Q. You recently posted an article about job changing and how even frequent job changes can improve your value as a job candidate. But what if you have been in a job long-term and now are changing jobs for the first time? I’ve been a secretary to the owner of one company for 12 years. He is retiring and the company is closing, but I still need a job. What can I do to make myself attractive to employers instead of looking like a stick-in-the-mud?
A. Spending a long time at one company does not necessarily mean that you spend that time in the same job; plenty of people move up or laterally in the same company acquiring new skills and experience. In your case, you not only stayed with the same company, but you also stayed in the same position. You may not have acquired the advantages of job changing, but did you really stagnate?
Over the course of 12 years, you probably took on responsibilities, made contacts, and learned programs and processes quite different from those at the start of your career. Employees who spend years in one position and are changing jobs for the first time have a tendency to forget how much they have learned and achieved. You need to:
- Compare your skills and responsibilities when you joined the company to those you have today. Have you learned new software programs? Are you more confident in speaking to management or to staff? Have you taken on additional responsibilities that the owner of the company transferred to you?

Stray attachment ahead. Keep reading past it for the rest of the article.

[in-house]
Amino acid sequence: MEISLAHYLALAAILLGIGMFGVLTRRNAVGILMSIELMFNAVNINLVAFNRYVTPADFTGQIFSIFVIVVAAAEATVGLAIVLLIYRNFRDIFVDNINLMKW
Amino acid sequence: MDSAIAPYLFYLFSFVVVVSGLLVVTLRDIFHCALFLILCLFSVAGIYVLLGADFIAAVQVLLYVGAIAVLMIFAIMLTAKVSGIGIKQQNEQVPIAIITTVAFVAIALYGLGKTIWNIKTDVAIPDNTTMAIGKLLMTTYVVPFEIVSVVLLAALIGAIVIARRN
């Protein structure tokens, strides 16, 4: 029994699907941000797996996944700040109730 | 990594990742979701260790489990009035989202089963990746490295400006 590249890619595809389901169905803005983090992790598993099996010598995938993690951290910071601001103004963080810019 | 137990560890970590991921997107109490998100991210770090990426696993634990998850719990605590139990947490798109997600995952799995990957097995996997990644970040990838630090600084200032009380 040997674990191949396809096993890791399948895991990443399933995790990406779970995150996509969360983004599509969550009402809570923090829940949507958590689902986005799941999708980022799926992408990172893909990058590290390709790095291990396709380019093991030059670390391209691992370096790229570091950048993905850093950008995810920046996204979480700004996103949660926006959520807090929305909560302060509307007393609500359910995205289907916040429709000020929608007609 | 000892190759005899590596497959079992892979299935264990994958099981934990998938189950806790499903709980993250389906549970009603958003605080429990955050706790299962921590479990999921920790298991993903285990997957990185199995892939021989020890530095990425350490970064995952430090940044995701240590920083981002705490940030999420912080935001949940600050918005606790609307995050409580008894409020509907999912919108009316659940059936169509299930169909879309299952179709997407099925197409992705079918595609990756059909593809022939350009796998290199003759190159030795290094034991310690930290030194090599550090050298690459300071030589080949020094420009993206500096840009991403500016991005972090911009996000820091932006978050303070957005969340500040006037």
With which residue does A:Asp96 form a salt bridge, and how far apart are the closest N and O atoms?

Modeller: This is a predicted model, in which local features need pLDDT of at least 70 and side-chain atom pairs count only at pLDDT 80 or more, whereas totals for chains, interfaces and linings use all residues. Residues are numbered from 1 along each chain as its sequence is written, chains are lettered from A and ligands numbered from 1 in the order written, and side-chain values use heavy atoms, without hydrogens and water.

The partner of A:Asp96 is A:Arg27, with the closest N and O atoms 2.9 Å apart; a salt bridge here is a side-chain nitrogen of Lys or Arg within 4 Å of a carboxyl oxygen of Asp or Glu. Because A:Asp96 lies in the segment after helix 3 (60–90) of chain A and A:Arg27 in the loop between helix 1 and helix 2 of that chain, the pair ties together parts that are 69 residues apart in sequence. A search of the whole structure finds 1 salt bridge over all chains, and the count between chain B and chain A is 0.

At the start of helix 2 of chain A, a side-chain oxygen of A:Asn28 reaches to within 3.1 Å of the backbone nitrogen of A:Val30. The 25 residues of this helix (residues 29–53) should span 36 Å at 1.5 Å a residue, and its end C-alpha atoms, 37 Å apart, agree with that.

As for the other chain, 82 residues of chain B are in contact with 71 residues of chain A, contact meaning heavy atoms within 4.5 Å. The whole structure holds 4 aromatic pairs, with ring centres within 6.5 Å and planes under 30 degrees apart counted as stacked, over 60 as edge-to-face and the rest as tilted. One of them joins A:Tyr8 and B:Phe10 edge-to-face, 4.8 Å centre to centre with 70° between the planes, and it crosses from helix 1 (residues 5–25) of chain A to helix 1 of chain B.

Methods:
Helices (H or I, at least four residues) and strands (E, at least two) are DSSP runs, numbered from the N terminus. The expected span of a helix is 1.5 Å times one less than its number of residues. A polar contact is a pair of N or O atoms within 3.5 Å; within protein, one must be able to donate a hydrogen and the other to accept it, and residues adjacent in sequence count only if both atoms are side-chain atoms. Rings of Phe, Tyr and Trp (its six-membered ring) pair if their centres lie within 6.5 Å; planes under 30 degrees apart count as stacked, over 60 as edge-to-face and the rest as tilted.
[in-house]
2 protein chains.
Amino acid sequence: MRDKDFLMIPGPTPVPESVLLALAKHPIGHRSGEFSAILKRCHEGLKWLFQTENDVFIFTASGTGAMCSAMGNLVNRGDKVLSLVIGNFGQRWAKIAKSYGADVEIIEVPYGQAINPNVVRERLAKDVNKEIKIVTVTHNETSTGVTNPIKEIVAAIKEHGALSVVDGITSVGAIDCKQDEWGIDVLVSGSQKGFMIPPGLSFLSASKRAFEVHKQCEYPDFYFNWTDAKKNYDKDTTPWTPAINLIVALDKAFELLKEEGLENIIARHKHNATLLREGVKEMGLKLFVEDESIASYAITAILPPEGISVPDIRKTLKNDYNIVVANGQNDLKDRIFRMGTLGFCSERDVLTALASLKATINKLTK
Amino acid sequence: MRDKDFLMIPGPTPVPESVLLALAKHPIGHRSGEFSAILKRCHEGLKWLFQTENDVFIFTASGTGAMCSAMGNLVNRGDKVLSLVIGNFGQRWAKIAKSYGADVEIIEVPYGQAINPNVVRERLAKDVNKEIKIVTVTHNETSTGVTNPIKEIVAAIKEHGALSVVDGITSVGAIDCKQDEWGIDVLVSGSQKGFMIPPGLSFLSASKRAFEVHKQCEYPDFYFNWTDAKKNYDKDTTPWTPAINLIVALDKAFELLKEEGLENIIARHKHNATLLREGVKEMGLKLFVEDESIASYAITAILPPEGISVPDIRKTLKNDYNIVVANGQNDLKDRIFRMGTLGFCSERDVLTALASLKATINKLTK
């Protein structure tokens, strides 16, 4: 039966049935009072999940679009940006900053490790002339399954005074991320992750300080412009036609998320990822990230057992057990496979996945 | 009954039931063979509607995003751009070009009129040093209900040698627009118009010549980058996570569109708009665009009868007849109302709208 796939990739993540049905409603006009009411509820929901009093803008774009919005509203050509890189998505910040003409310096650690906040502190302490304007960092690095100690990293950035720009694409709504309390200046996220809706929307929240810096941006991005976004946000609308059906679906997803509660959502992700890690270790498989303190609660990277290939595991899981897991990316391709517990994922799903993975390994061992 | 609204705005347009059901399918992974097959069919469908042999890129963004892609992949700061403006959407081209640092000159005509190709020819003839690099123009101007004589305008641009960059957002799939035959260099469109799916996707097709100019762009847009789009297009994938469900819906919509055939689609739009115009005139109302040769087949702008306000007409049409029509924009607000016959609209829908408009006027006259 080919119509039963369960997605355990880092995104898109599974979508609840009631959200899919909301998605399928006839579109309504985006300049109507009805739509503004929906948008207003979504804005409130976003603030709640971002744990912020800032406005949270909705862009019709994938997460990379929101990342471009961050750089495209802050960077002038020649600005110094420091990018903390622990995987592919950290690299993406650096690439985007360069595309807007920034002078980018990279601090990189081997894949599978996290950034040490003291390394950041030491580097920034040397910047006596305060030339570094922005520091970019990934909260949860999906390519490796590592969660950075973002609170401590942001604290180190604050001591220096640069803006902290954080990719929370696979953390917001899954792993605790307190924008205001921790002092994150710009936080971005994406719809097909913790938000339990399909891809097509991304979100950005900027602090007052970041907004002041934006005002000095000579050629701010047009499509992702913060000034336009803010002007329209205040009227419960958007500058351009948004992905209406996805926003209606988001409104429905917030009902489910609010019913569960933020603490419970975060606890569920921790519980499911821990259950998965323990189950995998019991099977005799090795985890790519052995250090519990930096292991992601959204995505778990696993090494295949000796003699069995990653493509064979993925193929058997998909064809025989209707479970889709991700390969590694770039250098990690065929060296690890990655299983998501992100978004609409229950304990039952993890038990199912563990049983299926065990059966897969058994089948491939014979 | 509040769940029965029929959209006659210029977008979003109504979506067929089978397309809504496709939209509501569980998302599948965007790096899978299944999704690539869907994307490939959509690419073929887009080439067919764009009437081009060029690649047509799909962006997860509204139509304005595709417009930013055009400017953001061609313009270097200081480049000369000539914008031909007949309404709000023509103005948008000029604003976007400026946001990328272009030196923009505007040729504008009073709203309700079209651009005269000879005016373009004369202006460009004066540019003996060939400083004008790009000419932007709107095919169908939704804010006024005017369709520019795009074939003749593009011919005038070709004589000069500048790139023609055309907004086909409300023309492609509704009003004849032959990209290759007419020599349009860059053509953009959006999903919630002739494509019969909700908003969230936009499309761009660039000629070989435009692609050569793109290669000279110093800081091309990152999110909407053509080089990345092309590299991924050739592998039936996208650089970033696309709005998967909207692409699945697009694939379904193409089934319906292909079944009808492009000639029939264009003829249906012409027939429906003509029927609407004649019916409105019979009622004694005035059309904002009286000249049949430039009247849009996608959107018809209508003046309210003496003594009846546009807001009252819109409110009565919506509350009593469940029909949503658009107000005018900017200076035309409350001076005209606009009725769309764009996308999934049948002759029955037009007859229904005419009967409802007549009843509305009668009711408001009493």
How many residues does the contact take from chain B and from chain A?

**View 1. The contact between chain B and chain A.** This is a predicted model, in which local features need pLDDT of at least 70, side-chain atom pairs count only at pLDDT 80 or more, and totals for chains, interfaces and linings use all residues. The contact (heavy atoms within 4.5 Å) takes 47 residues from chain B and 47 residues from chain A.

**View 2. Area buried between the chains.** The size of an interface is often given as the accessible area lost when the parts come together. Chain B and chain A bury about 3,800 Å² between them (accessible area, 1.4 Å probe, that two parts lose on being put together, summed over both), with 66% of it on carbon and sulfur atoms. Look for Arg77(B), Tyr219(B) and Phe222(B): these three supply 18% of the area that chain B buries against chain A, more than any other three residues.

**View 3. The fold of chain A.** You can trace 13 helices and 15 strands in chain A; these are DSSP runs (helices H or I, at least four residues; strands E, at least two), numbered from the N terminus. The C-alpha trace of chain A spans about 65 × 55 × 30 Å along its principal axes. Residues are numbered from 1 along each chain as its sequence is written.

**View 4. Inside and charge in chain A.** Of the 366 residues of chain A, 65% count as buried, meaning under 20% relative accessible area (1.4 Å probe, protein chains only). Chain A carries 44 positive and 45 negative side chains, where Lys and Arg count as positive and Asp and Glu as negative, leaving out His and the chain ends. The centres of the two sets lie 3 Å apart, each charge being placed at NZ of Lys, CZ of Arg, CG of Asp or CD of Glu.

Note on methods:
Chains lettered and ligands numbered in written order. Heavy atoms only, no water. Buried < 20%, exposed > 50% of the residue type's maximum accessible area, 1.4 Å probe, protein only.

- Compare the company you joined to the company you are working for today. Are there more employees and locations or greater revenue? Are there more vendors or customers? Has the product line changed?
- Think back to a challenge you faced in your job and how you met that challenge. Did you change a process or procedure? Did you improve efficiency or communication?
- Take note of any rewards or special projects you were given. Did your boss, a customer, or a vendor thank you? Why? Did you contribute to the website or company newsletter? Were you asked to attend a conference or lead an effort (for example, changing your internet provider)?
- Review the contacts you have made at and through work. Are they willing to recommend you on LinkedIn or provide a testimonial? Can they serve as a network to help you find a new job—perhaps in the companies they have moved to?
One thing I strongly encourage: in your next job, keep a “brag book.” This book will be your resource for remembering achievements before they disappear from memory over time. If you need help assessing your career and creating a resume that does justice to your years of experience, please contact me.